Global EditionASIA 中文双语Français
Home / World / Newsmakers

Case builds for curbs to go amid energy crunch

By JAN YUMUL in Hong Kong | China Daily | Updated: 2022-07-12 09:26
Share - WeChat
A motorcyclist fills up at a gas station in Nairobi, Kenya, on April 13. Fuel prices have been rising steadily in the African nation due to constrained supply in global markets. PATRICK MEINHARDT/GETTY IMAGES

West's sanctions on Iran and others exacerbate supply woes, experts say

The need to unlock energy supplies from sanctions-hit countries like Iran and Venezuela has become even more apparent as the world grapples with oil and gas shortages, experts say.

They point to years of underinvestment in the sector, stringent energy transition policies and geopolitical conflicts as further demonstrating the case for all supply channels to be tapped.

The day before his death on July 5, Mohammad Sanusi Barkindo, then secretary-general of the Organization of the Petroleum Exporting Countries, said at the Nigeria Oil and Gas Conference and Exhibition that the oil and gas industry "is under siege".

He cited underinvestment in the oil sector amid stringent policies aimed at accelerating the energy transition, along with the consequences of the Russia-Ukraine conflict and the pandemic, for causing volatility in the commodity markets. Barkindo also spoke of how inflationary pressures had exacerbated the problem.

"We could, however, unlock resources and strengthen capacity if the oil produced by the Islamic Republic of Iran and Venezuela were allowed to return to the market, while Libya has faced internal challenges that have at times sharply curbed its exports," said Barkindo, adding that their oil industries "have been held hostage by geopolitics".

He said the disruptions affecting these OPEC member countries not only contribute to the current market tightness but they also directly affect the economic development of these nations.

Rising prices

Yesar Al-Maleki, an energy expert and Gulf analyst at the Middle East Economic Survey, an energy publication in Cyprus, said although oil prices have eased over the past week amid expected softening demand due to an impending global recession, the fundamentals of tight supply have not changed.

"The Europeans are keen to see Russian oil supplies replaced with other sources, especially as the United States is pushing for a price cap on Russian energy supplies," Al-Maleki told China Daily.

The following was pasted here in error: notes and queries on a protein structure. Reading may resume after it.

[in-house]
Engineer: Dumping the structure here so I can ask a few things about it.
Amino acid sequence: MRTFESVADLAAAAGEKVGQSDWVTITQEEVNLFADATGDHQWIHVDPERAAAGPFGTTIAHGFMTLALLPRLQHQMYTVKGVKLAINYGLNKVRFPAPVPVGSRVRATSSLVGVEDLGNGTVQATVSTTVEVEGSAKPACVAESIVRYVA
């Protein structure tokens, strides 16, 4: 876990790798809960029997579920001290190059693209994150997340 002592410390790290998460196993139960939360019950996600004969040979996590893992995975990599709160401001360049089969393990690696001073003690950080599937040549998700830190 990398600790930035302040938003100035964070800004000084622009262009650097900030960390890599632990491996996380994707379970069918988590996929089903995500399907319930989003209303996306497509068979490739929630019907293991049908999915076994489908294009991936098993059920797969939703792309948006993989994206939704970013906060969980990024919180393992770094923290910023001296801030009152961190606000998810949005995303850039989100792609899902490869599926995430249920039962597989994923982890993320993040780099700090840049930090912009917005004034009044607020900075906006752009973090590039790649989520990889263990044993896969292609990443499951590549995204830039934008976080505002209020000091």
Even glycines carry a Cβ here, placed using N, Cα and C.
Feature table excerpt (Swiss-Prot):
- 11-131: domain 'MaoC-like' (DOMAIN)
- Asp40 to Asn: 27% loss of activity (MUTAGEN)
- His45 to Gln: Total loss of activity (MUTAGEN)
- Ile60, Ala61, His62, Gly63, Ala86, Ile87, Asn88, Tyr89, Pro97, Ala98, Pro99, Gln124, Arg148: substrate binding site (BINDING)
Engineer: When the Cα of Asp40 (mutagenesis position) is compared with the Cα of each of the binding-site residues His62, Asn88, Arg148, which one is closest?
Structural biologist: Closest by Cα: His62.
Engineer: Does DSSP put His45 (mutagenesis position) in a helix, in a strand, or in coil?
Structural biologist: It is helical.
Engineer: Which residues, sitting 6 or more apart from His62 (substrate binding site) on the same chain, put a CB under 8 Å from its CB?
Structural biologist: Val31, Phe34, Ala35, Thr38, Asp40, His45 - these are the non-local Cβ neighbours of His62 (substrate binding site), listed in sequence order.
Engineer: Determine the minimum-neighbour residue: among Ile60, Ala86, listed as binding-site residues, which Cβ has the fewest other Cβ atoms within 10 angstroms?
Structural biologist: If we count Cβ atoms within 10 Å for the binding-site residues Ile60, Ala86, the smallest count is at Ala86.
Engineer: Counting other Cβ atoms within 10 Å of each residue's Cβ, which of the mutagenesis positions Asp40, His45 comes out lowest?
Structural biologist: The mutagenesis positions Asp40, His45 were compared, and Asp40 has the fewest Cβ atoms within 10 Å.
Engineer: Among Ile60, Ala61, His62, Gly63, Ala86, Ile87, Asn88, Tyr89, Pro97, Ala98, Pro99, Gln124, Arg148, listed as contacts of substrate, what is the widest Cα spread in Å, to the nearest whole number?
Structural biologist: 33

Prices of fuel oil and gas have surged in the European Union after the US and some allies began imposing sanctions on Russia's exports in late February.

Al-Maleki said Iran's oil production stands at 2.5 million barrels a day. Exports of oil and condensates had hit 1.5 million barrels a day in December 2021. "Unlocking Iranian barrels continues to be in the pragmatic common interest of Teheran and the West," said Al-Maleki.

In June, US Treasury Secretary Janet Yellen said the US was in talks with Canada and other allies to limit Moscow's energy revenue by imposing a price cap on oil.

US companies benefit

Osama Rizvi, an energy and economic analyst at data monitor Primary Vision Network, said the notion that easing sanctions on Iran and Venezuela can somehow quell the fears of supply shortage is based on the assumption that the supplies will start flowing immediately.

"This is not the case. Iran has a few million barrels stashed away in offshore tankers. But Venezuela needs to restart their industry (which) takes months. It is not a push-start system," said Rizvi.

Asif Shuja, an Iran expert and senior research fellow at the Middle East Institute at the National University of Singapore, notes that the US has become the world's largest producer of gas, even surpassing "traditional No 1 Saudi Arabia" due to its massive investments in the sector.

Shuja said countries such as Iran are trying their best to invest in the oil and gas sector. But the real impact would only be felt when they see US sanctions lifted from their oil exports.

"The irony is that rather than the removal of such sanctions from these countries, even Russia has been added to the affected group after the Ukraine crisis, causing severe constraint on the supply side, a situation that is most likely to benefit the US oil companies at the cost of others," said Shuja.

Al-Maleki said Iran has over 60 million barrels on land and floating storage and these could provide the market with a necessary boost, especially after Libyan volumes were lost recently.

"But beyond that, years of sanctions, nonavailability of technologies, financing, and declines at maturing fields make recent announcements of a return to presanctions capacity of 3.8 million barrels per day highly questionable," said Al-Maleki.

"Iran needs $160 billion over the next decade to take its capacity to 5 million barrels per day. Removing sanctions and bringing in foreign investors is the key to reaching that goal," he said.

Most Viewed in 24 Hours
Copyright 1995 - . All rights reserved. The content (including but not limited to text, photo, multimedia information, etc) published in this site belongs to China Daily Information Co (CDIC). Without written authorization from CDIC, such content shall not be republished or used in any form. Note: Browsers with 1024*768 or higher resolution are suggested for this site.
License for publishing multimedia online 0108263

Registration Number: 130349